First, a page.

A few months back we filed a post about yet another crossover attempt, this time focusing on Accugrade coins (ACG), one of the oldest slabbing companies, founded in 1984 by Alan Hager. Many numismatists believe that Hager often got the grade right; so his coins usually are coveted and often tone nicely in their holders. As explained in the earlier post, I also included in this PCGS Crossover submission a green-label PCI, which tends to do well, and an ICG-holdered Morgan. (I had never been able to cross over an ICG coin.)
At the last moment, I also added the 1921 Pilgrim ACG commemorative coin that failed to cross over to PCGS in November 2012. The reason, as we reported in this post? Questionable toning (arg!). ACG coins tone and this one has been in a holder most probably for a quarter century!
I usually am very good at predicting PCGS crossover grades. This time, I was spot on in a few coins and off a point or two in others.
I sent in a 1917 Green Label PCI half dollar, predicting AU50-55. I had concerns about the strike and luster. To my surprise, it crossed over: AU58.
I searched for weeks for an undergraded MS65 ICG coin and found an 1880-S Morgan with full cheek and minimal bag marks. I predicted a crossover. It did: MS65.
Now on to the primary topic of this post, the ACG coins:
- I predicted the 1962 PR69 Franklin Half would come in at PR66-67. It registered PR68, not a bad crossover at all, considering I paid $23 for the coin now worth $65 in a PCGS holder.
- I predicted MS62 for a 1926-S Peace Dollar graded MS63 by ACG. I had concerns about a few bag marks. Bingo! It crossed over at MS63. Again, a $30 difference between what I paid for the coin and how it is valued now in a PCGS holder.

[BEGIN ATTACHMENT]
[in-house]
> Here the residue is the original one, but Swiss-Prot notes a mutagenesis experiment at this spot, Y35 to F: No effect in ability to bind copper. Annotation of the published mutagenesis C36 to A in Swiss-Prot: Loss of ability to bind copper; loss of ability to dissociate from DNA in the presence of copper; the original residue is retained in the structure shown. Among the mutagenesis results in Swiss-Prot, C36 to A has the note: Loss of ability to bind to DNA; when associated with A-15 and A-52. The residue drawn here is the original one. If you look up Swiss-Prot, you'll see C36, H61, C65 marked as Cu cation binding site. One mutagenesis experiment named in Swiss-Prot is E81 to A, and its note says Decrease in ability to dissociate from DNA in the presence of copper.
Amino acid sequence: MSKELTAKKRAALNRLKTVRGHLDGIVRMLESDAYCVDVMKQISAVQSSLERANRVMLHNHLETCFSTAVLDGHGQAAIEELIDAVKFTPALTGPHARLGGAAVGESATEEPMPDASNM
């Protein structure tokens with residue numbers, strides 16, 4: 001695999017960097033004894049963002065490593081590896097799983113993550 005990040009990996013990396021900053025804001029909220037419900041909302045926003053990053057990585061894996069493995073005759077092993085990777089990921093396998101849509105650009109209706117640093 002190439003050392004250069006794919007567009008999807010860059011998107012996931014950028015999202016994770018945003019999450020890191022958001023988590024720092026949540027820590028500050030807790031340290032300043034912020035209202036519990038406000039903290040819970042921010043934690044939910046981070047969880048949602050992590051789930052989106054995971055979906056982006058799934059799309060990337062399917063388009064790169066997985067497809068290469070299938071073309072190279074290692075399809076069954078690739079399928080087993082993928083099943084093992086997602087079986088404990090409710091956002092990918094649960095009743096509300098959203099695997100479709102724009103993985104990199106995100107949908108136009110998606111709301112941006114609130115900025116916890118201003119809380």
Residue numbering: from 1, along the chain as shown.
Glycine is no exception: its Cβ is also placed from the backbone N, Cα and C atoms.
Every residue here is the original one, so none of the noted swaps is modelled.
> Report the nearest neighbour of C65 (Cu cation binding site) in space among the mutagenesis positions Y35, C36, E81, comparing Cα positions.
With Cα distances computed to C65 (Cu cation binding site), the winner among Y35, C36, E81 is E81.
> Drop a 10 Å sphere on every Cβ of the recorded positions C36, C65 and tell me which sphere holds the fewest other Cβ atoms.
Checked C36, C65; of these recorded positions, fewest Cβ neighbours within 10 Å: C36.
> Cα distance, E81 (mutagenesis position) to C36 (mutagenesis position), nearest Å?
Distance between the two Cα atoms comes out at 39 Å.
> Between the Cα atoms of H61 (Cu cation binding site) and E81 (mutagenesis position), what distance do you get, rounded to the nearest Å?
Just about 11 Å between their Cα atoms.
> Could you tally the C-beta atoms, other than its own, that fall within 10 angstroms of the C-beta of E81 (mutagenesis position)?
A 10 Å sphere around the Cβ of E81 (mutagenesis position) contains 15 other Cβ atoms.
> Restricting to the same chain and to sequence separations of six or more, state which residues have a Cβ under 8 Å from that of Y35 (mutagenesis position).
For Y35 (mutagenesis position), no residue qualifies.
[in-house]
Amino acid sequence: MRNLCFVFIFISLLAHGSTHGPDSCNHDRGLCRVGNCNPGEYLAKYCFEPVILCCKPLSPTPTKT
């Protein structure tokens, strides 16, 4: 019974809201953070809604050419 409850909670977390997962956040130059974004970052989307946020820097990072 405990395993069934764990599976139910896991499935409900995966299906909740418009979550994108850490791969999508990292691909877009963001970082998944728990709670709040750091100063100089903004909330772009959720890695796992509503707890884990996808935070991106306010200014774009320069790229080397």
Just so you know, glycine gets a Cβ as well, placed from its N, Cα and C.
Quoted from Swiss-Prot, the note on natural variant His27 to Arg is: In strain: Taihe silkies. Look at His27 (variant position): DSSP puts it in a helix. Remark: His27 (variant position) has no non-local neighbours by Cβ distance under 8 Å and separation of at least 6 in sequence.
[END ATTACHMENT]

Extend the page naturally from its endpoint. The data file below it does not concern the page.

- I predicted a crossover for an 1887-O MS63 ACG Morgan which, I thought, had sufficient luster and non-distracting bag marks. That coin crossed under at MS62.
- I made no prediction on the 1921 Pilgrim commemorative, which came back as “Did Not Cross” with no label or reason given. I figured once again that PCGS questioned the toning. Sigh. (Not to worry; I have more plans for this coin, to be shared at a later date.)
I know that some viewers reading this post may believe that exercises like this and other crossover posts indicate that I may like the holder more than the coin. That’s nonsense. What these exercises attempt to do (and inspire in you) is expertise in grading, the ability to see the same grade as world-class numismatists do within a point or so. Grading is subjective–to a point (pun intended). If one knows the standards–PCGS ones can be found compliments of Photograde Online–one can like the coin rather than the holder for numismatic reasons (luster, devices, tone, strike, etc.).
Predicting grades in crossover submissions–and then comparing your grades to those of the experts–can be gratifying as one learns more about a holdering company’s standards. In turn, this helps when you decide whether to send in a raw coin for grading.
In a word, the whole process is educational. (Sometimes it’s humbling, too!)